Even though most of my basses are used I keep having mishaps that make me very weary of buying anymore. My question for you is “Would you have bought it?”. In other words, am I expecting too much from used purchases?
My favorite basses so far are Warwicks followed by Fender (which I have a weird relationship with). I have had 5 Warwicks and still have 3. When I saw a Fortress from the 90s for sale, I was ready to buy. The seller described it in very good condition and the pics looked good. There was a ding on the face of the body and 3 marks on the lower edge. No worries.
When I looked closer at one pic and noticed a ding in the side of the fretboard at the 18th fret. This is where I get fussy. I want the neck “ding” free. Both the fretboard and the back of the neck. I don’t wanna feel anything while I play. Despite this I thought I could live with it. I asked the seller if there are any other scratches or dings (then what is shown) and most importantly is the truss rod functioning properly. They stated it had a new truss rod (you can change the 90s Warwicks rods) and they’d send me any pics or vids I want.
I am not even too worried about electronics cause I can repair/ replace them but its nice if they work.
They sent me 3 videos of the bass (mini tour) via text. Obviously these videos didn’t not come out too well being so compressed so I asked if they could email them. They did and I was very thankful. Then I found the thing that ended it for me. While playing the video back I noticed a dent in the fret board. I thought maybe I could even repair this but I wanted to ask about it. I did and they sent me a photo of it and to me it looked worse. The E string was imprinted into the wood and the fret wire slightly dented.
I would have loved to get it but I know this would bug me especially when I know there is another fretboard ding. I’m also wondering what hit it took to make such a clean imprint in the fretboard.
It depends on the price. If it was up around retail priced, no. But if it was significantly discounted, or well below what I was planning to pay, and the bass was in otherwise good shape, probably yeah.
This is a personal question that no one else can answer for you.
You may ask - would you have bought it to gig with and go beat up in your punk tribute band? OR… Woudl you have bought it as a collector looking for the best example of xxx bass?
I collect MIJ Fender Flame Maple Aerodynes. I have three that are like new pristine and one with lots of dings and marks, with even dings in the neck. No matter what I do, the dinged up one is my favorite of the 4. Not because of the dings, but because of how it plays, sounds and feels.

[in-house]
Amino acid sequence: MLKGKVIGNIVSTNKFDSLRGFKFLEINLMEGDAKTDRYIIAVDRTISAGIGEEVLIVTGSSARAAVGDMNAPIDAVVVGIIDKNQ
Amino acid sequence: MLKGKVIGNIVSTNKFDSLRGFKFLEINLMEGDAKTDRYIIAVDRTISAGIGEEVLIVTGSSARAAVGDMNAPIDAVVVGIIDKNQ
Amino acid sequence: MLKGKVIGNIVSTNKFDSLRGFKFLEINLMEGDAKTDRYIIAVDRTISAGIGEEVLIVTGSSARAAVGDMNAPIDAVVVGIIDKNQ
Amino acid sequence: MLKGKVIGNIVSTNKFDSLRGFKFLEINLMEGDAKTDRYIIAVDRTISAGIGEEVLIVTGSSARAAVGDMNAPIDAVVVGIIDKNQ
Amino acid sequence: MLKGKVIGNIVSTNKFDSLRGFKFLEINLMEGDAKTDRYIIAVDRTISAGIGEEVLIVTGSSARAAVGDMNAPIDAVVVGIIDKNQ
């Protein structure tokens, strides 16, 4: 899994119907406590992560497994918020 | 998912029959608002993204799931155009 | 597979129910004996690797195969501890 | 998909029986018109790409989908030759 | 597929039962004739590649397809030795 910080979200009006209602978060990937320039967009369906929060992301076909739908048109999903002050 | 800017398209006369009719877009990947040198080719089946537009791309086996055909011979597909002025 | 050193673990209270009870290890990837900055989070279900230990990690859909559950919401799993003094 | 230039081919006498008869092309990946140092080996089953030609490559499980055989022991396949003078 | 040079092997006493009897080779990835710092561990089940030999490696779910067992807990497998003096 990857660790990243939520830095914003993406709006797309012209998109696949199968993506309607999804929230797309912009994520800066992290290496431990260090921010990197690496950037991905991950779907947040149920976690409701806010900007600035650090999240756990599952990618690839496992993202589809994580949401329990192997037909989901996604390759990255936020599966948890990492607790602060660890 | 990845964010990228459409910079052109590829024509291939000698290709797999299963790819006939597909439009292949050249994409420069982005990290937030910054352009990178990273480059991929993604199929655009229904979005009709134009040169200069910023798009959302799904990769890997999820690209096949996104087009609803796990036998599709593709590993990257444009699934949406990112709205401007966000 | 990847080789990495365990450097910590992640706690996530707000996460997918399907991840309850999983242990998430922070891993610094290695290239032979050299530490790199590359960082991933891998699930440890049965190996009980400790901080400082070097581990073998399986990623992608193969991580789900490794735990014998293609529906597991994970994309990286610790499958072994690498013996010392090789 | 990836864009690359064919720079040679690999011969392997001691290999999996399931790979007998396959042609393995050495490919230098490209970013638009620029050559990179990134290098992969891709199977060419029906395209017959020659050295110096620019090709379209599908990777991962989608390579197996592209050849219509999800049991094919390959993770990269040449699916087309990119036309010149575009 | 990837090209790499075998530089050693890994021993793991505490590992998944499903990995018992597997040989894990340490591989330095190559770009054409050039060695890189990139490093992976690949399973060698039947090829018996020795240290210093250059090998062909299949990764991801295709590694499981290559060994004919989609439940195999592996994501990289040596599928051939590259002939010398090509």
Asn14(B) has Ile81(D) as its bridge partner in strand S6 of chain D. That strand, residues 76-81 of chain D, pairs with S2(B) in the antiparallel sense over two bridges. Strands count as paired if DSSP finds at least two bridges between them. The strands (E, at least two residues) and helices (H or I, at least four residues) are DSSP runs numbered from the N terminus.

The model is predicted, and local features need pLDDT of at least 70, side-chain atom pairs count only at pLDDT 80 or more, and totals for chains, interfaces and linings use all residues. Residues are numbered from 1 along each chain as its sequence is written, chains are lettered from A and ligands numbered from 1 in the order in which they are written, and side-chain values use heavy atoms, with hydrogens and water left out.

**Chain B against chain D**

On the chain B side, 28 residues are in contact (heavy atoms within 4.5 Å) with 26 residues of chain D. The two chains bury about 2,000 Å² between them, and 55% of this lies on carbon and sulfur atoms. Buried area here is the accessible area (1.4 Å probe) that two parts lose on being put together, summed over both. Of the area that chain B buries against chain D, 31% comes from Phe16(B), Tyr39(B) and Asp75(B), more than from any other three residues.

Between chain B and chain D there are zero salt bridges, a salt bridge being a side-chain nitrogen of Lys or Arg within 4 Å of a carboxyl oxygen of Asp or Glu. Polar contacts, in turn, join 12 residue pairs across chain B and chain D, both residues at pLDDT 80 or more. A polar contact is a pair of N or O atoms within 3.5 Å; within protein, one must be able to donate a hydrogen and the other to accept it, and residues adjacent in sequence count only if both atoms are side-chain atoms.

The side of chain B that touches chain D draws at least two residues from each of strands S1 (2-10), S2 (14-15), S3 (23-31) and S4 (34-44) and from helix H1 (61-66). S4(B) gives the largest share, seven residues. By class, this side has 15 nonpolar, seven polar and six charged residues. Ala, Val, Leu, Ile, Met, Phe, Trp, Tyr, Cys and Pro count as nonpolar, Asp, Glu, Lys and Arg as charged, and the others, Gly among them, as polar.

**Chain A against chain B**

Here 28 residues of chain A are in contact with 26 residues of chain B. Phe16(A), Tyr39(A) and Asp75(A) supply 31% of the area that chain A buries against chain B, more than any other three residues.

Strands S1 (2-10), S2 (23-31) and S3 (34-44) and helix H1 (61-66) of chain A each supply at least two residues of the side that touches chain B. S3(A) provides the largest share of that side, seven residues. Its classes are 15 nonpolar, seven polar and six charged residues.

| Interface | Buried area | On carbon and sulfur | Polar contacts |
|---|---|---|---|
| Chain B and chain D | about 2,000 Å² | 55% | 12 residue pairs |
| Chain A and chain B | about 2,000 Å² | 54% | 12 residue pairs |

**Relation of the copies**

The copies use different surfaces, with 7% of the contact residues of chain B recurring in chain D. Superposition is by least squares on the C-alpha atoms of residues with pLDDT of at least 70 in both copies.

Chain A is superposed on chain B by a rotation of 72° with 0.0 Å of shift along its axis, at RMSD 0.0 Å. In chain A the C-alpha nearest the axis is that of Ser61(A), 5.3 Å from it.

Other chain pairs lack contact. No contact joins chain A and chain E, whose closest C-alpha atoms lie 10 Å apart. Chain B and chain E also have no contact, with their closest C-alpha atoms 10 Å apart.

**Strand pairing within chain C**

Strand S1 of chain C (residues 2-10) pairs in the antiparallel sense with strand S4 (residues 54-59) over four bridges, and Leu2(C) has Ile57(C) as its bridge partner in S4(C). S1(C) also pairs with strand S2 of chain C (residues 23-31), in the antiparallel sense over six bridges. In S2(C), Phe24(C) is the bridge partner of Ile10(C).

In the sax world, people that buy/play/collect vintage saxes (like me) are very wary of pristine instruments build in the 1920s-30s (my sweet spot for Conns). To many, it means that they just aren’t very good horns, and no one fell in love with it enough to play the hell out of it. My Conn bari is in probably the worst cosmetic shape of the bunch, and is by far teh best sounding horn I have ever played. The guy I bought it from, who didn’t want to sell but needed the $$$ badly said “This will be your favorite horn by 5:00 today” - he was right.
These things used to bother me.
Now I care about how an instrument performs over the dings it has.
That mark in the fretboard will never effect sound or playability, just like the worn silver plating on my bari doesn’t either.
I guess if you are after a pristine bass, the answer is ‘don’t buy it’.
I think you may have already talked yourself out of it.
All depends on what you are after, which is different for everyone.
The price is where most of its kind would sell. Not high not low. I didn’t even bother negotiating. If the dings weren’t there I was happy to pay the asking price of $1200. Even if it was reduced I am not sure what I would do. I already have a big enough arsenal, I just like Warwicks and was hoping for a different flavor.
There are some things I have a hard time getting over. It doesn’t have to be pristine just nothing on the front and back of the neck. My Thumb has a nick on the headstock, my Taranis has a bit of bucklerash on the back. I am just difficult when it comes to the neck.
I know what you mean. I was going to offload one of my Fenders but my oldest and first Jazz with the nicks and dings plays so well I just couldn’t get rid of. Something about the neck. Smooth and easy.
If the price was right and everything else looked/sounded ok, i’d probably buy it. Since i don’t usually touch the fingerboard, it probably wouldn’t bother me but you can fill that will some sawdust,CA glue and a razor blade.
Marks like that are usually made when the instrument falls against it’s strings.
I forgot about that trick. Thanks for the reminder.
Maybe If I could see it up close I would have thought of it differently. This would had to be shipped to me.
I also think if the seller had just mentioned all the dings after I asked him a few times “Is there anything else?” I would have be more comfortable about the purchase. I have said before, the buying experience can impact the way you feel about the deal.
I probably would have bought it but maybe tried to haggle a bit.
Having said that I rarely play ar the 18th fret and would be prepared to do the sawdust repair
If it makes you feel any better I am wavering over a 1995 Fortress One that has such bad buckle rash it looks like it has been gnawed by a rat! And that’s up at $1500
That looks like normal wear and tear to me. The fret wire especially - frets wear out. I would not worry about that at all unless it was down to less than 50% height. Most used basses sell with frets at 70-90%.